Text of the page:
Change Management

Managers are no longer hired to “manage” companies, they are hired to change them.

Change.  It is the one common thread all people, leaders and businesses share when it comes to the pursuit of success.  As widely known and accepted as this may be, it doesn’t solve the real issue, resistance.  How wonderful life would be if we didn’t resist change.  Imagine the possibilities.  The things we could accomplish. The positive changes we could make.  Most of us don’t struggle with knowing we need to change or that our businesses needs to change, we struggle with the resistance to the change itself.

The 1990’s were coined the decade of the brain because more was discovered in that 10 year period than all of history combined.  15 years later, what we understand of the human brain makes the change process easier to understand and allows us to design our work and communications accordingly.

Employee engagement, also called Work engagement, is a concept that is generally viewed as managing discretionary effort; that is, when employees have choices, they can either act in a way that furthers their organization’s interests or in a way that does not. An engaged employee is a person who is fully involved in and enthusiastic about his or her work. Employee Engagement is now measured by items that have been linked to key business outcomes.

Three Types of Employees

Gallup Management Journal (GMJ) surveyed U.S. employees to discover what effect employee engagement may have on team-level innovation and customer service delivery. Gallup researchers studied employee responses to several items about innovation in the workplace to see which factors differed most strongly among engaged employees (16% of respondents), those who were not engaged (69%), and those who were actively disengaged (15%) – Note that 84% of Employees are “Not-Engaged” (See graphic “The Three Types of Employees”).3 typesactively disengaged

Gallup research has shown that engaged employees are more productive, profitable, safer, create stronger customer relationships, and stay longer with their company than less engaged employees. This latest research indicates that workplace engagement is also a powerful factor in catalyzing “outside-the-box” thinking to improve management and business processes as well as customer service.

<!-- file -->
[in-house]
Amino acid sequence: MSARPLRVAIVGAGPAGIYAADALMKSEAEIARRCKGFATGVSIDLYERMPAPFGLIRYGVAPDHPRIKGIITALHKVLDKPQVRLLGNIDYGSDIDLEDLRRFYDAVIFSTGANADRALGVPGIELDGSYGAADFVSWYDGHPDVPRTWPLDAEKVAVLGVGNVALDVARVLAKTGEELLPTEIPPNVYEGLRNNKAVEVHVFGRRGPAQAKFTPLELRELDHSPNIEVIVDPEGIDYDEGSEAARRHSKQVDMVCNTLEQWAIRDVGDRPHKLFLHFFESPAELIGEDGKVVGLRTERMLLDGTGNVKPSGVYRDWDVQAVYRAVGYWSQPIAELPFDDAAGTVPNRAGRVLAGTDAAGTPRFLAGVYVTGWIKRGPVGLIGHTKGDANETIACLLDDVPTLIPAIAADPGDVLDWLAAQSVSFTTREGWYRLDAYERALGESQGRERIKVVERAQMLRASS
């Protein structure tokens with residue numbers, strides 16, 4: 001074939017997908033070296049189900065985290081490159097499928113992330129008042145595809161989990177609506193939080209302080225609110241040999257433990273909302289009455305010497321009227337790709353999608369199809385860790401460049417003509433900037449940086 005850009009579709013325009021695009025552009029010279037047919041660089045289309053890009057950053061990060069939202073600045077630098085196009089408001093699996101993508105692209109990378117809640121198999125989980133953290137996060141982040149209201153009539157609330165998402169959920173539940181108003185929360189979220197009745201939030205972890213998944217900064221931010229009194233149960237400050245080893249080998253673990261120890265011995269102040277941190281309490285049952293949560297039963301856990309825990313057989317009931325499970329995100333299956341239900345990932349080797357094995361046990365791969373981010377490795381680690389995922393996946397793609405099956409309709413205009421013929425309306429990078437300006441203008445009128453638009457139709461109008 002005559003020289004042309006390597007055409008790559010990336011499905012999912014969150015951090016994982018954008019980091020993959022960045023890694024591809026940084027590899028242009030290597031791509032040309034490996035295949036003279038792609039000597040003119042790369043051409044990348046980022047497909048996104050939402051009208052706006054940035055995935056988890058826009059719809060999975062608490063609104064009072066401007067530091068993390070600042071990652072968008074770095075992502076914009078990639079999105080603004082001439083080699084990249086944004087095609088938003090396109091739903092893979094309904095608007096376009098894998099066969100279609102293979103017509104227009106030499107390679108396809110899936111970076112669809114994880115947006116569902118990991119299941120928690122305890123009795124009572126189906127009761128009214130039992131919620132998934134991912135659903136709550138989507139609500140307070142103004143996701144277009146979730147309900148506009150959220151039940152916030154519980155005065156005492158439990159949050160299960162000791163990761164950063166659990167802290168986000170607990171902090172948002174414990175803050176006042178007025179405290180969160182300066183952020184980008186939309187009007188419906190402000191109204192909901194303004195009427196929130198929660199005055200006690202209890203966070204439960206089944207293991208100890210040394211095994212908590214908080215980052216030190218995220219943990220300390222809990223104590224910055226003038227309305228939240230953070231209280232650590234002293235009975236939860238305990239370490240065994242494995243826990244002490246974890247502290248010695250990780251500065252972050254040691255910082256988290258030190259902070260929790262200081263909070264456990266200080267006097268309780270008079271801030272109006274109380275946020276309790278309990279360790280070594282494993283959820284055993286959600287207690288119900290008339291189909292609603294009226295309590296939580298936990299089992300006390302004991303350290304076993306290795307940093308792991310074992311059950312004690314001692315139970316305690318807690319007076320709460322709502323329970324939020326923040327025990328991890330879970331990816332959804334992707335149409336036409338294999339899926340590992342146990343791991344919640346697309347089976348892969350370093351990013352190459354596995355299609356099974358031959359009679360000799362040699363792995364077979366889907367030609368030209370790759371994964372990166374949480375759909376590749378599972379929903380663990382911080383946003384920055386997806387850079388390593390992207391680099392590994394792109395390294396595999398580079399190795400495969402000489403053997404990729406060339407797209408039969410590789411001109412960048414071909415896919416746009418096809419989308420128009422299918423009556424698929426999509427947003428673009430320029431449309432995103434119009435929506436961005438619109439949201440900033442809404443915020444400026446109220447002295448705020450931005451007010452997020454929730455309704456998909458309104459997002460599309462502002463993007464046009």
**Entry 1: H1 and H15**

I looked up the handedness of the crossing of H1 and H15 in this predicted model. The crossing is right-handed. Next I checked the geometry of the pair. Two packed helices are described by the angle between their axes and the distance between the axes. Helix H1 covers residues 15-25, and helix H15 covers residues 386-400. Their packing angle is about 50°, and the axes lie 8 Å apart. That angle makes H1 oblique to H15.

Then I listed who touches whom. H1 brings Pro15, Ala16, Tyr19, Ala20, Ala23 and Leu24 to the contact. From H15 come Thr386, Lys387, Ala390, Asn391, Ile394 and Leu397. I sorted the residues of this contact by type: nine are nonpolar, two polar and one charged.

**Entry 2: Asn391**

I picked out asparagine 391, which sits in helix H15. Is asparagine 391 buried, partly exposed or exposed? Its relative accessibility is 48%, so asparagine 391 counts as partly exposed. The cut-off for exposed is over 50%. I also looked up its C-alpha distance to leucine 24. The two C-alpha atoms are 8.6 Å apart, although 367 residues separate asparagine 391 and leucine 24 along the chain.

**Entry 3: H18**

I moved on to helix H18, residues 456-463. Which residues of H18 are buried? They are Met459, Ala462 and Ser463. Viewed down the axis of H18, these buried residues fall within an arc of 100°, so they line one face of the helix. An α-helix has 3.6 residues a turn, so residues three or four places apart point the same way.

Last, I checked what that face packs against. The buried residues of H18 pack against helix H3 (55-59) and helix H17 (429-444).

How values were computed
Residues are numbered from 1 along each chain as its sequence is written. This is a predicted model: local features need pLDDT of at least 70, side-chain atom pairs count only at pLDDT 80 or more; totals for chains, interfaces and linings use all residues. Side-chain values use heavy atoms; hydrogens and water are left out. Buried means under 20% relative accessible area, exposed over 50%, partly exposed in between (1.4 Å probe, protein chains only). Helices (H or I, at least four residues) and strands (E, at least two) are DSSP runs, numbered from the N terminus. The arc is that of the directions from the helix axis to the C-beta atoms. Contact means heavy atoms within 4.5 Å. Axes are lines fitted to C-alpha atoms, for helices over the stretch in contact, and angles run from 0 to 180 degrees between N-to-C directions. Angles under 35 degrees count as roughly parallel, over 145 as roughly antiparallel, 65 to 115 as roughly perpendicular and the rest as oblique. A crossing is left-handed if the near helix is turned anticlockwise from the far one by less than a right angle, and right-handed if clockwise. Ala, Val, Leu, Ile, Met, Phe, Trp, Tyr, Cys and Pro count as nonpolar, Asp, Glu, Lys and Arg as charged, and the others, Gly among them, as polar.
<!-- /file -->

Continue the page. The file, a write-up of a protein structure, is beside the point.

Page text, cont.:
When GMJ researchers surveyed U.S. workers, 59% of engaged employees strongly agreed with the statement that their current job “brings out [their] most creative ideas.” On the flip side, only 3% of actively disengaged employees strongly agreed that their current job brings out their most creative ideas.

Innovation and customer service

GMJ researchers also investigated the effect of employee engagement on customer service innovation. Nearly 9 in 10 engaged employees (89%) strongly agreed that “At work, I know where to go with an idea to improve customer service,” contrasted with only 16% of actively disengaged employees.

Engaged employees also involve customers in the innovation and improvement process. When asked to rate their level of agreement with the statement “At work, we give our customers new ideas,” 74% of engaged employees strongly agreed that they shared new ideas with customers, contrasted with just 13% of actively disengaged employees.

Engagement and the customer

Gallup’s employee engagement research has consistently shown a connection between employee engagement and customer engagement. One factor that can influence customer engagement is an employee’s willingness to change — or to “learn and grow” — to meet the customers’ changing needs. When Gallup asked workers to rate the statement “I have grown in my ability to positively affect our customers,” the results were telling. Almost 9 in 10 engaged employees (85%) strongly agreed that they have grown in their ability to positively affect their company’s customers, while only 2 in 10 actively disengaged employees (19%) strongly agreed.

Finally, more than half of all engaged employees (51%) strongly agreed with the statement “At work, my coworkers always do what is right for our customers.” This was in stark contrast to the actively disengaged employees: Only 1 in 10 strongly agreed that their coworkers always do what is right for their customers.

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